Saturday, June 23, 2007

You must stop drinking wine...

I 've never heard the sparrows sing at 2 am. But those little fluttery things were cheep-cheep-chirruping away on a leafy bough at Chennai's Kodambakkam residence, studio and prayer alcove of A R R. Was the sparrow squad infected by the every day and night music around them? Or was I just hallucinating?

No answer to that one I'm afraid. But after seeing the little big genius work, dream and talk at that address, I feel blessed. Unimagined sounds suddenly reverberate from his mega-synth console, from his sibilant hums as he goes even as his visage becomes more sombre than a magistrate's.

Then the slow-mo coming-out of a near trance and an apologetic, "What do you think?" Before I can utter half a syllable, he's on, "Okay, we'll try something else.. na na na.. hum.. hum.. la la la.. oowaah wooh."

Cross with himself for not hitting the right notes, he taps away at a laptop, either converses too much or not at all.. vanishes for his prayer and returns a new man.

More attempts, more self-dissatisfaction, and all of a sudden at least five variations for a single song are ready, take your pick.

His first version of the devotional song, Piya Haji Ali, was 14-minutes long, edited to a filmable five minute length. He promised to give me the original, hasn't.. yet. Some music, perhaps, he keeps to himself.

Over 15 years, he has preserved his position of India's most creative and ground-breaking music composer. He's been knighted as the Mozart of Asia but.. such titles embarrass him. He looks away, a hint of self-deprecatory giggle followed by the sentence, "Please, I cannot be talked about in the same breath."

And when you switch to the role of an interviewer, he answers off-the-cuff, to ask at the end of a gab session, "I feel strange talking about myself, did I do okay? He did. Excerpts:

What kind of music plays on the iPod of his mind?
Whatever I'm working on at a point of time.. or if I'm on a concert tour, it is snatches of different pieces of music.. which escape and come back as if they were being recalled from a distance. Piano themes from the film songs take long to finesse, at times of course a tune just hits me like it does with every composer, become either playful or stubborn.. and I've to take it from there.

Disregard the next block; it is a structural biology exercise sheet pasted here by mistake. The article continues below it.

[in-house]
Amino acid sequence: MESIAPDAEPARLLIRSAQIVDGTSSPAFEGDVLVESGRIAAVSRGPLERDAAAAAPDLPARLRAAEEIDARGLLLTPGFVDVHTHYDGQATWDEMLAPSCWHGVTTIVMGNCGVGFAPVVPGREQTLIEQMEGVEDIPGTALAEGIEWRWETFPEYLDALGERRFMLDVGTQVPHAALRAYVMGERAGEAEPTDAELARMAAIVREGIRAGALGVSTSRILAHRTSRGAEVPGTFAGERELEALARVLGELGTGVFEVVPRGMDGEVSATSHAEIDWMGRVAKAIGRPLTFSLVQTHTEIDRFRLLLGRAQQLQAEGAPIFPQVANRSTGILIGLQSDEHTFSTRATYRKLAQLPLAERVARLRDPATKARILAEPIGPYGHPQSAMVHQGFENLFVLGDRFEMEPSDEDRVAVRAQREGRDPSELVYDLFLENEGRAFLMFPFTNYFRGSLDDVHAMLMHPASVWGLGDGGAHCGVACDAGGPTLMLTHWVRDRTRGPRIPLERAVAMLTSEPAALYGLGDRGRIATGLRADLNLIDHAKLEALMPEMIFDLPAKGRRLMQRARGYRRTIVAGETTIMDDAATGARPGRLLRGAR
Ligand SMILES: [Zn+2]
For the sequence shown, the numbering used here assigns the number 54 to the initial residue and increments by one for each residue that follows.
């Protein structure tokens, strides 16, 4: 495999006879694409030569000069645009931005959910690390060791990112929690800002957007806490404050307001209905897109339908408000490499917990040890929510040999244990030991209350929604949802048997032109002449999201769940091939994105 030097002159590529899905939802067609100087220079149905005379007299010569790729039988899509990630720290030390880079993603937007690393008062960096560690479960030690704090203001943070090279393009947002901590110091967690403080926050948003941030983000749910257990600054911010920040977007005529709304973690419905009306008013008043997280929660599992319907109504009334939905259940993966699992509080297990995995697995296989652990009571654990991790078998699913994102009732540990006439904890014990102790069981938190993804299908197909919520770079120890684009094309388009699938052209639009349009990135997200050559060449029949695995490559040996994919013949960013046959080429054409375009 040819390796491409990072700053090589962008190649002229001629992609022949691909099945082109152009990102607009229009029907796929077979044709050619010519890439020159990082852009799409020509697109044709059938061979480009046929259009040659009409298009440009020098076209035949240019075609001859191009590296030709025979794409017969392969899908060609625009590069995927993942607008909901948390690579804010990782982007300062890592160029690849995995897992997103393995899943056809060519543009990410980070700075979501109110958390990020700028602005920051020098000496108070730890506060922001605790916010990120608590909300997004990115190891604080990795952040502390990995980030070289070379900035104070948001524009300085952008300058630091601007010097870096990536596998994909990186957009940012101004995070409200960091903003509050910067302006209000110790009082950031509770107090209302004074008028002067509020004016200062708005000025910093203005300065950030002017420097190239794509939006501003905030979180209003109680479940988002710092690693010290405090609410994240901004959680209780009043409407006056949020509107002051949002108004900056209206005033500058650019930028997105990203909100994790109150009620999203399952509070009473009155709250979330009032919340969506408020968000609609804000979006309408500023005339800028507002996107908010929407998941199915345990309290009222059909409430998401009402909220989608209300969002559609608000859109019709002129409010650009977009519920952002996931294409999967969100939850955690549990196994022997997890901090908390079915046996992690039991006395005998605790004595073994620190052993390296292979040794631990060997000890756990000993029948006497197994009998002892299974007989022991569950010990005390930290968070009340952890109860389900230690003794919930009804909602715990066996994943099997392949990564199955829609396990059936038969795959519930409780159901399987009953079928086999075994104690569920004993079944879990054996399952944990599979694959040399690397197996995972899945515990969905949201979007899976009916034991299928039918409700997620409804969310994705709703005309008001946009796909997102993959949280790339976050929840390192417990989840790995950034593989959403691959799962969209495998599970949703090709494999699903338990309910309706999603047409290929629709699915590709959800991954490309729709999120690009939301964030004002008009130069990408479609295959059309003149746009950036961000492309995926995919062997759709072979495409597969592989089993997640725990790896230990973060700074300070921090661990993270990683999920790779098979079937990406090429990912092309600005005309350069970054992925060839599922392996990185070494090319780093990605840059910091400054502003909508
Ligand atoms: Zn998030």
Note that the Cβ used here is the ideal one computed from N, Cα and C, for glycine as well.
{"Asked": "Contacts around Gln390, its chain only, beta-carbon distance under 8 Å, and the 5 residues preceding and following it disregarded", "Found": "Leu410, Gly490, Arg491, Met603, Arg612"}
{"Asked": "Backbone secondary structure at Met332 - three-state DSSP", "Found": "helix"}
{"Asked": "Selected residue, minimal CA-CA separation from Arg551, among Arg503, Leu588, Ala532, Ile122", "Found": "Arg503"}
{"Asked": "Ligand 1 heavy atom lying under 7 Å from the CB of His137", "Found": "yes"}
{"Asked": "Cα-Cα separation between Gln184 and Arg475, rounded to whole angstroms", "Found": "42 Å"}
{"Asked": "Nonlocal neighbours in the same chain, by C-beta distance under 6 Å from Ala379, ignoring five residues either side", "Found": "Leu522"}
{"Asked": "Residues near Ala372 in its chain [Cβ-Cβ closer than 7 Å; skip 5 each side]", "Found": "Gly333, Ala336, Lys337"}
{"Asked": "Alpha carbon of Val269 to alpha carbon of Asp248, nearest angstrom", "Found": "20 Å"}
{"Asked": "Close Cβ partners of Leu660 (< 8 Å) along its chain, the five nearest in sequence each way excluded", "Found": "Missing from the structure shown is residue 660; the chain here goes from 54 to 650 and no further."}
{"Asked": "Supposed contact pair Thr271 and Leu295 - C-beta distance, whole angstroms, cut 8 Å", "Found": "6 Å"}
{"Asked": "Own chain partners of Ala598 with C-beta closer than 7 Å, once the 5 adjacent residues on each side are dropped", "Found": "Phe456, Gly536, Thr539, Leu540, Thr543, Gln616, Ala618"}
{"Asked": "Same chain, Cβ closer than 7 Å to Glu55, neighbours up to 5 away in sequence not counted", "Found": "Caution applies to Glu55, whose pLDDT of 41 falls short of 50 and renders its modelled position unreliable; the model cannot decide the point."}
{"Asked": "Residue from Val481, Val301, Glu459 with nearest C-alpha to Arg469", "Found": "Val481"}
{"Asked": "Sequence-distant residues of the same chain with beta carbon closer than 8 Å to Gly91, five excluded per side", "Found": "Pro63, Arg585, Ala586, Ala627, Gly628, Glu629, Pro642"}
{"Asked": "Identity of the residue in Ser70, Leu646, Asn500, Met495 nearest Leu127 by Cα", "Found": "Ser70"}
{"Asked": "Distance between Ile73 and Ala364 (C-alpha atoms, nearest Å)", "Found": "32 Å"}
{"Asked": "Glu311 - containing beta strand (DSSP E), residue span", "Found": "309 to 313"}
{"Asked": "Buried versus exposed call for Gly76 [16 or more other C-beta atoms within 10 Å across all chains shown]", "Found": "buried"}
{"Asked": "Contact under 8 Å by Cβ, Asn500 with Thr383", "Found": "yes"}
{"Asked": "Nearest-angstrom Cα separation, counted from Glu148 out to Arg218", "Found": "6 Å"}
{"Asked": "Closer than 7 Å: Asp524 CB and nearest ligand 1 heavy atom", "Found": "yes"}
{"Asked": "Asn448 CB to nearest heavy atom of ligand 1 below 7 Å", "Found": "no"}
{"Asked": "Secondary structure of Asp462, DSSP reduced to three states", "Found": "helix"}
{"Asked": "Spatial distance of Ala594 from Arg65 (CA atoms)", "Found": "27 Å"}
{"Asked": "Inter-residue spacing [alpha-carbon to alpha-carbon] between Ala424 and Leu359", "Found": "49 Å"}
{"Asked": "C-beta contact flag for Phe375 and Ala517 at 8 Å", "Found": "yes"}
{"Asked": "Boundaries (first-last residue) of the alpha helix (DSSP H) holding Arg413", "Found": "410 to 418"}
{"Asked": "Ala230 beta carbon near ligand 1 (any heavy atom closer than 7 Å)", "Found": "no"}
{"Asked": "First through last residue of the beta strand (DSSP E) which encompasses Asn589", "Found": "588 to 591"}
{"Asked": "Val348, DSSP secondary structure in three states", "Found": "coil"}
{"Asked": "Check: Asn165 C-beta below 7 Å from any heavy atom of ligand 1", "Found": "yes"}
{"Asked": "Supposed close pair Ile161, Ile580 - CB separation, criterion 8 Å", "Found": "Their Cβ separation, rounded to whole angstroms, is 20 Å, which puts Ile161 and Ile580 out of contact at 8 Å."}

The piano theme for Rang de Basanti and then Guru kept eluding me, I kept working and working on them round the clock. No composer can be narcissistic though.. his ear and heart take in the music around him.For instance, the piano theme for Rang de Basanti and then Guru kept eluding me, I kept working and working on them round the clock. No composer can be narcissistic though.. his ear and heart take in the music around him, whether it's something playing on TV, a child laughing musically or a CD I've heard recently .

The thing is to keep oneself open, if I'm told James Blunt's You're so beautiful had a certain lilt to it, I listen to it.. casually and .. then if I like it, again and again.. and again.. it makes me feel light, relieved.

And if I ever feel a mental block, there's Vivaldi's Four Seasons. If you haven't heard it, you haven't lived. (Perceiving the blank look on my face) I won't give you my copy, but I'll get a CD burnt for you.. Vivaldi! Vivaldi! Let's hear it right now.. (we do).

Which Rahman songs are most in demand at his world concerts?
That fluctuates. Strangely enough at one US concert, it was Humma humma. Otherwise, usually it's Chhaiyan chhaiyan. And the songs from the films which have been released recently Also Tamil film songs are demanded.. like the ones from Sivaji.. once I also played the Fight Poverty anthem done for the UN, which went down very well.

Bombay film industry's attitude to A R R.
Why? What do they think of me? As far as I know, I've gone through phases. There was Swades at one point of time, and then the phase of period films like Bose and The Rising.. after which I felt perhaps I should also do films with younger, fresh filmmakers.. Not because the period films didn't become major commercial hits.. I'm used to that.

From experience, I've learnt that music has no age, many songs have a recall value and grow. Like it or not, it all boils down to the simple fact that the music company.. which is releasing a movie's soundtrack.. believes strongly in the product and promotes it properly .